Background and Purpose Hypokalaemia is the most common electrolyte disturbance with a significant mortality due to the occurrence of ventricular arrhythmia. There is currently no available treatment to prevent ventricular arrhythmia in patients susceptible to hypokalaemia, such as those with heart failure. Potassium supplementation alone is not sufficient to alter mortality. QT prolongation and intracellular Ca2+ loading with subsequent diastolic Ca2+ release via ryanodine receptors (RyR2) are considered the predominant arrhythmogenic mechanisms in hypokalaemia-induced ventricular arrhythmia. We investigated the antiarrhythmic actions of two RyR2 inhibitors: dantrolene and VKII-86, a carvedilol analogue with no β-blocking activity, in hypokalaemia.
Methods Surface ECG and ventricular action potentials (APs) were recorded from whole-heart murine Langendorff preparations. Ventricular arrhythmia incidence was compared in hearts perfused with low [K+], and those pre-treated with dantrolene or VKII-86. Whole-cell patch clamping was used in murine and canine ventricular cardiomyocytes to study the effects of dantrolene and VK-II-86 on AP parameters in normal and low [K+] and the effects of VK-II-86 on the inward rectifier current (IK1), late sodium current (INa_L) and the L-type Ca2+ current (ICa). Effects of VKII-86 on IKr were investigated in HEK-293 cells transfected with KCNH2.
Results Dantrolene significantly reduced the incidence of ventricular arrhythmias induced by low [K+] in explanted murine hearts by 94%, whereas VKII-86 prevented all arrhythmias, p<0.001. VKII-86 prevented hypokalaemia-induced AP prolongation and depolarization of the resting membrane potential (p<0.001) but did not significantly alter AP parameters under normokalaemic conditions. Hypokalaemia was associated with a significant reduction of IK1 and IKr, and a significant increase in INa-L, and ICa. VK-II-86 prevented all hypokalaemia-induced changes in ion-channel activity (p<0.05 in each case).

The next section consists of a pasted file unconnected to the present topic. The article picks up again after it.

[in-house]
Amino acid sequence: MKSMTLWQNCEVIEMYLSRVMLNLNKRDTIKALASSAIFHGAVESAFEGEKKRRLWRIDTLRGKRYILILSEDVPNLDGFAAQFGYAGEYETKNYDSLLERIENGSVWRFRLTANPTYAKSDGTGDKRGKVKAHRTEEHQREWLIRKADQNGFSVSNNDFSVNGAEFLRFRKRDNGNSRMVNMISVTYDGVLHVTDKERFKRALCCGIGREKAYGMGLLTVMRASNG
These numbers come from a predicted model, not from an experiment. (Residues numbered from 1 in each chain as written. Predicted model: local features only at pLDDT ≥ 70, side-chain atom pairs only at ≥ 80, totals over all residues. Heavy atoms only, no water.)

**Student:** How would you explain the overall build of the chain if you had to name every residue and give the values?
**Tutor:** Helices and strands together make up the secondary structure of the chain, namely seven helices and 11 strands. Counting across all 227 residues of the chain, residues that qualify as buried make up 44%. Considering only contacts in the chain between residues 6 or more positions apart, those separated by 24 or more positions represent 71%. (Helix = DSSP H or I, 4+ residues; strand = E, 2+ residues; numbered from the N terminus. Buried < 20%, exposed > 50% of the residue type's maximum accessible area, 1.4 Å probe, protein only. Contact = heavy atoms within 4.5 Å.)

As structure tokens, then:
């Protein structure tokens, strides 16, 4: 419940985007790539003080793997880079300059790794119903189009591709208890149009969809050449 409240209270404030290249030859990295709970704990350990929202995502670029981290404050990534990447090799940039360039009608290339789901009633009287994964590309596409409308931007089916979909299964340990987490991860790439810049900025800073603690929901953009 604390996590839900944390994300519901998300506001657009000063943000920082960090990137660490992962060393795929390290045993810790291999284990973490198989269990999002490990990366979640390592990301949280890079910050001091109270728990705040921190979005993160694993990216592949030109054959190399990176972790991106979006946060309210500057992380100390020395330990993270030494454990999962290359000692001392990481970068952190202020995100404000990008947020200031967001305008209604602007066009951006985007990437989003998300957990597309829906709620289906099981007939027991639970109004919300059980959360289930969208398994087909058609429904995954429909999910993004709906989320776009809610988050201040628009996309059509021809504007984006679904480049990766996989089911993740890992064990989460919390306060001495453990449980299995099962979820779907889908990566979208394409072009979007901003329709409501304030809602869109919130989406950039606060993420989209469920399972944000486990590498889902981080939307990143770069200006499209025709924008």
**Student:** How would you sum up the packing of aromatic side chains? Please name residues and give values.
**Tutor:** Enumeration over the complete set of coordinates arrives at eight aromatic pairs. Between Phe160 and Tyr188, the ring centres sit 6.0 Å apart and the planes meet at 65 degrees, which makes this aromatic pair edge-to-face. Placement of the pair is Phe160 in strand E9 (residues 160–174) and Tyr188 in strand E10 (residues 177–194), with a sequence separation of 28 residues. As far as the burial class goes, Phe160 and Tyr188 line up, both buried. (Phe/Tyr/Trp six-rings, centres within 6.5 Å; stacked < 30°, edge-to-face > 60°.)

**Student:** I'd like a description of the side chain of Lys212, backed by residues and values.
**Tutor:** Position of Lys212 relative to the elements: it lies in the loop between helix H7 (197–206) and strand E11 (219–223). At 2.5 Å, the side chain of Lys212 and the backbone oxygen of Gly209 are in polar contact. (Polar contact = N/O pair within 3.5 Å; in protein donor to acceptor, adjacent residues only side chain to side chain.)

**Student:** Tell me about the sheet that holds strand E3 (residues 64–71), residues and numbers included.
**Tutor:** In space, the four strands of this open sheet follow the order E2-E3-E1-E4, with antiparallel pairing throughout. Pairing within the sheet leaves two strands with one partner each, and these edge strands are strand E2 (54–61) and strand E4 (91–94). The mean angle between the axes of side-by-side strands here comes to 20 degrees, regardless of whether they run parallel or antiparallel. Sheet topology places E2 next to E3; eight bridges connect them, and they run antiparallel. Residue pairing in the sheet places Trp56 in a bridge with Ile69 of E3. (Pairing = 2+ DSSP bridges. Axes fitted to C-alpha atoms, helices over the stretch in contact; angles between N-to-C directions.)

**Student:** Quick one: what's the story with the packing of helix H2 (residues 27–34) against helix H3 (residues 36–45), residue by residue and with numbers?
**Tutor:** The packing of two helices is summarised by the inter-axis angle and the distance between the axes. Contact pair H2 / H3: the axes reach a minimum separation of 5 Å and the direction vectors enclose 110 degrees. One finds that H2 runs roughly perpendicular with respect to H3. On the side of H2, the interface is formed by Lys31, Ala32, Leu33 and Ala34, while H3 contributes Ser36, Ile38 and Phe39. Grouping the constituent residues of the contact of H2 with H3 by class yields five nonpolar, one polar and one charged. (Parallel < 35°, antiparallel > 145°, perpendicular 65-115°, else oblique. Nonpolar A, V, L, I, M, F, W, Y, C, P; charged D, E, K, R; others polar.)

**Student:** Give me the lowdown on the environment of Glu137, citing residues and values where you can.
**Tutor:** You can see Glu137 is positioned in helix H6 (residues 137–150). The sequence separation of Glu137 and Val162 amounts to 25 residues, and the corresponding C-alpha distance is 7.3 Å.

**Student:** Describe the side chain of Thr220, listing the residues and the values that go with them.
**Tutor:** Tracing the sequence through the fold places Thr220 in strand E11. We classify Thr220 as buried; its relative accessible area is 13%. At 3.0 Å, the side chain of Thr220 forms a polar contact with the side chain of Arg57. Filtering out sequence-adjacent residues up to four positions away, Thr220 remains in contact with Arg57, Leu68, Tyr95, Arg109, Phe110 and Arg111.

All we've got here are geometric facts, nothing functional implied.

Conclusions and Implications VKII-86 prevents hypokalaemia-induced arrhythmogenesis by normalising intracellular calcium homeostasis and repolarization reserve. The fact that VKII-86 does not have beta-blocking activity and does not alter AP parameters in normal [K+] is promising for future tolerability and electrophysiological drug safety testing, respectively. This unique pharmacological profile may provide an exciting treatment option in hypokalaemia and other arrhythmias caused by delayed repolarization or Ca2+ overload such as heart failure and the Long QT Syndromes.
Conflict of Interest None
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